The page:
This letter was written by Elmore Yocum Warner (1833-1886), the Chaplain of the 3rd Ohio Volunteer Cavalry (OVC). Elmore accepted his commission on 11 December 1861 and remained with the regiment until 1 August 1862 when he resigned and returned to his home in North Fairfield, Huron county, Ohio. [Note: the regimental roster erroneously recorded his name as “Edward” rather than “Elmore.”]
Warner’s letter is obviously just a draft of a letter that he addressed to the “Register.” This was undoubtedly the Sandusky Daily Commercial Register which had previously published a couple of his other letters, one in January 1862 calling upon citizens to donate books for a traveling library in the regiment, and another one written from Jeffersonville, Indiana, in March 1862 as the regiment readied itself for a march into “Secech Land,” saying, “We are near enough to know something of the beating of the Secesh pulse, which we believe grows fainter every day, and will soon cease to beat forever—leaving the ghostly carcass of Secession prostrate—a stench, and yet a valuable lesson to the world.“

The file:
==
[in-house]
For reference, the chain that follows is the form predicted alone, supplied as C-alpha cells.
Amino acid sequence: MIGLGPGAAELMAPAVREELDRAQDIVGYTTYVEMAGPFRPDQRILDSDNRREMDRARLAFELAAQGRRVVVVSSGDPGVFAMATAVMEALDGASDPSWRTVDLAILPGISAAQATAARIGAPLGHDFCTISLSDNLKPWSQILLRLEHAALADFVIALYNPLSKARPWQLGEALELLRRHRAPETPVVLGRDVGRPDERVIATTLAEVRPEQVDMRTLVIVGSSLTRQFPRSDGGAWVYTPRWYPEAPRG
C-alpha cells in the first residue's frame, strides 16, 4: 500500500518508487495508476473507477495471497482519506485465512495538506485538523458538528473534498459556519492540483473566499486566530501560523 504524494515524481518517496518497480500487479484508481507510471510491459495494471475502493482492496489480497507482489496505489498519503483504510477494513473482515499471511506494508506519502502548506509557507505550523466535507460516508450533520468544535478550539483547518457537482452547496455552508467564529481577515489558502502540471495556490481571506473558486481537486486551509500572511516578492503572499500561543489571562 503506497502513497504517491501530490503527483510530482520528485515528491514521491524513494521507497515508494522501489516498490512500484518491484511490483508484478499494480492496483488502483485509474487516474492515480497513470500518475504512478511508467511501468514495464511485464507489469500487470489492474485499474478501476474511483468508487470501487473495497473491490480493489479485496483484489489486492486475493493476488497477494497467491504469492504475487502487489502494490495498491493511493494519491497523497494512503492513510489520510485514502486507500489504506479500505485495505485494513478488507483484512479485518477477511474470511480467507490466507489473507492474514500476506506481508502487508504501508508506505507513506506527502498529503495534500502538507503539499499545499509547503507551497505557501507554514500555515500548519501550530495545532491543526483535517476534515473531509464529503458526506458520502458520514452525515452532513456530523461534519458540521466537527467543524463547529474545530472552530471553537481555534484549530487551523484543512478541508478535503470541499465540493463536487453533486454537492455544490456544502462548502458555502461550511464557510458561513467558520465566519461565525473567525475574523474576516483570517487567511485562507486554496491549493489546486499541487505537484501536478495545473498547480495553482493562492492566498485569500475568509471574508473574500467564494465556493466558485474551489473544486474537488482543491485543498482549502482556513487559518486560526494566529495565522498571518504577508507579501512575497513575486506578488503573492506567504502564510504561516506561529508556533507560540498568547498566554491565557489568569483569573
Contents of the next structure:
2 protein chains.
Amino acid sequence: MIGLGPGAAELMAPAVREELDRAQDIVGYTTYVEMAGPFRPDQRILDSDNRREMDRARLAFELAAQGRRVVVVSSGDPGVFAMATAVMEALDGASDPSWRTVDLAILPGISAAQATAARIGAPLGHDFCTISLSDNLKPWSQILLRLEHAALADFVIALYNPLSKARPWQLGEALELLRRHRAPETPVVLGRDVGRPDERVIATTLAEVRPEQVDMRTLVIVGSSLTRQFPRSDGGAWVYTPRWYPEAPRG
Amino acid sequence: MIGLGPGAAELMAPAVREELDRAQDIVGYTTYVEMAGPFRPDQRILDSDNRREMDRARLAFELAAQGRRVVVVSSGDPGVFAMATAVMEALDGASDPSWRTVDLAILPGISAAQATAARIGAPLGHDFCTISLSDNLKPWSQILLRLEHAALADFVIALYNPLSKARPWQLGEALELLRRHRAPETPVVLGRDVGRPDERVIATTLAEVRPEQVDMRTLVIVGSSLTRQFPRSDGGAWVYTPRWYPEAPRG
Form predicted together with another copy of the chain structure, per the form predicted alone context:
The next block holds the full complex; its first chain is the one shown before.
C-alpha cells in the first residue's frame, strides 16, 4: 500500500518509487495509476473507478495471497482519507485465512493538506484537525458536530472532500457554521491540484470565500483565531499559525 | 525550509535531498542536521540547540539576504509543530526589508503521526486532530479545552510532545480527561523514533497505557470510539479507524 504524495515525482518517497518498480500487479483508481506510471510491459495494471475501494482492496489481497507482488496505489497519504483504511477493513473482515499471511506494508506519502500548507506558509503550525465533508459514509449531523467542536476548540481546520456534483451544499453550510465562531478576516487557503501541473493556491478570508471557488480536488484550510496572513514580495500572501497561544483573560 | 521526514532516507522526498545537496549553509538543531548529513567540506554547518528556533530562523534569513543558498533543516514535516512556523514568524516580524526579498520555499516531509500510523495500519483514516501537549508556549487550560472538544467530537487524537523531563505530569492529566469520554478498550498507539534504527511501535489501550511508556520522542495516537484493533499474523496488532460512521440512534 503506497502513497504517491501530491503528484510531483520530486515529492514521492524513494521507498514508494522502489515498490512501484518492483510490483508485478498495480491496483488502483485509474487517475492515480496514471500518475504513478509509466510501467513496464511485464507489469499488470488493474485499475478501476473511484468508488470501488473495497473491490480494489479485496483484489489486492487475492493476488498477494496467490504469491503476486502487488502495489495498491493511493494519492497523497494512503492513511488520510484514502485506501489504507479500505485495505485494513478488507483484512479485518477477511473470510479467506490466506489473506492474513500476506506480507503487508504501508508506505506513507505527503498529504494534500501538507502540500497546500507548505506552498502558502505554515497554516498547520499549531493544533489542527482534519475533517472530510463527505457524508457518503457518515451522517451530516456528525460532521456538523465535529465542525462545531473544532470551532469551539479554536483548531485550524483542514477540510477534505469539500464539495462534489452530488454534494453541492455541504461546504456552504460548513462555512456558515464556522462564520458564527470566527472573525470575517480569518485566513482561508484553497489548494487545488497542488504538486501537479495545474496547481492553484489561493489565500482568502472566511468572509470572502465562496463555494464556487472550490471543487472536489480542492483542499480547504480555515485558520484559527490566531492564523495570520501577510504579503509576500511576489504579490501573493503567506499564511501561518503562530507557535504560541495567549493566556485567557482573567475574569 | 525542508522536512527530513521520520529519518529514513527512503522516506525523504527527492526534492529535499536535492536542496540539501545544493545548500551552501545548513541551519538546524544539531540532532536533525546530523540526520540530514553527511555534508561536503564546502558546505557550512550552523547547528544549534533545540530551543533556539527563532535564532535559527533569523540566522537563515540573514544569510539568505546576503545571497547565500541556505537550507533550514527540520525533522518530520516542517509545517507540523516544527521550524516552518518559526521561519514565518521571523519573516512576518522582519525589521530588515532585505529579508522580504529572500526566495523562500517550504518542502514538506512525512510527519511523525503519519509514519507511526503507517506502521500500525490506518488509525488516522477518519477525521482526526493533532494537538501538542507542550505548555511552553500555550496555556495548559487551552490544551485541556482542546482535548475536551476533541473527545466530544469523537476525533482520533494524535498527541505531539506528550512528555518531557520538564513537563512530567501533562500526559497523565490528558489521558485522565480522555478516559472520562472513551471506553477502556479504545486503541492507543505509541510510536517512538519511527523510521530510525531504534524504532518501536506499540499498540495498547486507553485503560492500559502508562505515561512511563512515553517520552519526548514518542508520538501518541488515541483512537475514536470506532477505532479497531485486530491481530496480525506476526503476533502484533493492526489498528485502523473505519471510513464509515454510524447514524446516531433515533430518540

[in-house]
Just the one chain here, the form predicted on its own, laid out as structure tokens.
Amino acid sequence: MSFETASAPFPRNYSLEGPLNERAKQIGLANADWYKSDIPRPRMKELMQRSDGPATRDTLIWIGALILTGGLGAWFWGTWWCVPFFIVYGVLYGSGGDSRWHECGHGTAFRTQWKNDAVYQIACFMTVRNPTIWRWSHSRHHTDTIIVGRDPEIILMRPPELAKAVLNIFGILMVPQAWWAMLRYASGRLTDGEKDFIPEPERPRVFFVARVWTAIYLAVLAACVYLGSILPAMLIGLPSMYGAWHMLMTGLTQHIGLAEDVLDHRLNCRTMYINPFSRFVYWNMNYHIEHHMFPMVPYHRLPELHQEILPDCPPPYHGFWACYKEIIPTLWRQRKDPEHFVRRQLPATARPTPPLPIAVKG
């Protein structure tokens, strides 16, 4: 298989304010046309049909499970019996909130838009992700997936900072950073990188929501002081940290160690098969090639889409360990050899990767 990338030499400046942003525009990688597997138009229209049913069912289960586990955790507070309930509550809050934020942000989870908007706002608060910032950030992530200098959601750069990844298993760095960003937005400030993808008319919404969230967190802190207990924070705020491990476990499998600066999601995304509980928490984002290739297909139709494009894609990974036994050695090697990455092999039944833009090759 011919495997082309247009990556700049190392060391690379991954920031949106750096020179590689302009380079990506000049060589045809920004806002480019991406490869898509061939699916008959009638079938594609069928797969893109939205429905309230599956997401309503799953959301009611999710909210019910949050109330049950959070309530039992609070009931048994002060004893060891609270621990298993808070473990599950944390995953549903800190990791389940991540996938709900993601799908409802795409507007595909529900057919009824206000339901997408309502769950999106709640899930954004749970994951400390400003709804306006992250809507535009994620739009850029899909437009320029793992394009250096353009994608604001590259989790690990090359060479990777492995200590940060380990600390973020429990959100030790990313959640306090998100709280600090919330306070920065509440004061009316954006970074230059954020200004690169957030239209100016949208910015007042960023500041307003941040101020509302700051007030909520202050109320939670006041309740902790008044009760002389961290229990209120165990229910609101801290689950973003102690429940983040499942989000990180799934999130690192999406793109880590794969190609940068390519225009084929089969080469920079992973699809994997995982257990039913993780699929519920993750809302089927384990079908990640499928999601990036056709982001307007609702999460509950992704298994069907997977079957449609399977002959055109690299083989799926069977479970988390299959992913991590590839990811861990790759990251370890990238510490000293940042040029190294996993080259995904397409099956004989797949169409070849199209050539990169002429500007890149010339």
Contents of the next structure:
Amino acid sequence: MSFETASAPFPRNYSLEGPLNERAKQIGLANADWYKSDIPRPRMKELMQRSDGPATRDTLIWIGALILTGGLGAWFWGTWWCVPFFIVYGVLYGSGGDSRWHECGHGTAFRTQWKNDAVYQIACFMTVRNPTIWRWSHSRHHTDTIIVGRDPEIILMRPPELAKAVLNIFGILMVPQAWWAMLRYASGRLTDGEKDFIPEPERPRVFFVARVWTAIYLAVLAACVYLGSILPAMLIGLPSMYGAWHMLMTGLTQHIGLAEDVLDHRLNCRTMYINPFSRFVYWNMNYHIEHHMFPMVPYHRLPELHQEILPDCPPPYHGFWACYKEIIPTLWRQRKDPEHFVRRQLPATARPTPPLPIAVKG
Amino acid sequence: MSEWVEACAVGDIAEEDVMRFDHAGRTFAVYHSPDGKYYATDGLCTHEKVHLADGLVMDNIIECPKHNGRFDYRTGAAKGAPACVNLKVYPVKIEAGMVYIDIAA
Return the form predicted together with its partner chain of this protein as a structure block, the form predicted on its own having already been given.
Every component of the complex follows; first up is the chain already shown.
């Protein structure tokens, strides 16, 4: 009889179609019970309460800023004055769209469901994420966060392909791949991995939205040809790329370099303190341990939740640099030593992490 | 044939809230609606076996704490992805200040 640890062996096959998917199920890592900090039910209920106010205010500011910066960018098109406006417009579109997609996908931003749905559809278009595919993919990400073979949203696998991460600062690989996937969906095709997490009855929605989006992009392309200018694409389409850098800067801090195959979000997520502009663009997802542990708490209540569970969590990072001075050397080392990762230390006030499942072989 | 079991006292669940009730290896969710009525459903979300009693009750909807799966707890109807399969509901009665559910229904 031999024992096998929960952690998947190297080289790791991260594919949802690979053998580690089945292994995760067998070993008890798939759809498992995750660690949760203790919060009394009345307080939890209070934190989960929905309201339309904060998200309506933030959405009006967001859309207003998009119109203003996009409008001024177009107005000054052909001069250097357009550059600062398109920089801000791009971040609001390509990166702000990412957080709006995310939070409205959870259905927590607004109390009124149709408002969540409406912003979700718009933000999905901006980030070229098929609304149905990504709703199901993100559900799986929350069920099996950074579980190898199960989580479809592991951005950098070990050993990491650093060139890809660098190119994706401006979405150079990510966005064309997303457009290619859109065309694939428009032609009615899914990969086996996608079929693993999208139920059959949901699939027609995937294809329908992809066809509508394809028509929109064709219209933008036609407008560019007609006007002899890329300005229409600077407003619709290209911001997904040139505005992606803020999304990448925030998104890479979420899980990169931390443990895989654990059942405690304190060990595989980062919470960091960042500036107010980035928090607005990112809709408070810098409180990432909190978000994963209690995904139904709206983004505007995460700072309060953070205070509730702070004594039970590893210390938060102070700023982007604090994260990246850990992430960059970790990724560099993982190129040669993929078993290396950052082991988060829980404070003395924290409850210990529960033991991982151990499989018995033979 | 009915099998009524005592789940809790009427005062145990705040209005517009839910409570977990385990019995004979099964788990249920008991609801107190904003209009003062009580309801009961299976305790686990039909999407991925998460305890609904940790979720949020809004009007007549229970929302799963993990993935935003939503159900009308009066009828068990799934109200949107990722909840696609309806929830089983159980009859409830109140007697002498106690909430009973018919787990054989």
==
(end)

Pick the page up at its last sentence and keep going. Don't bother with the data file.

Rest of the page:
If Warner ever sent a final copy of this draft to the newspaper editor, I could not find it among the on-line issues of the paper. Perhaps he thought best not to send it, or maybe the editor decided the chaplain’s sentiments didn’t not seem very charitable—especially since Warner apparently was the recipient of charity from a secesh family when he fell ill in March 1862.
An obituary for Warner published in the Wayne County Democrat on 14 July 1886 said of him: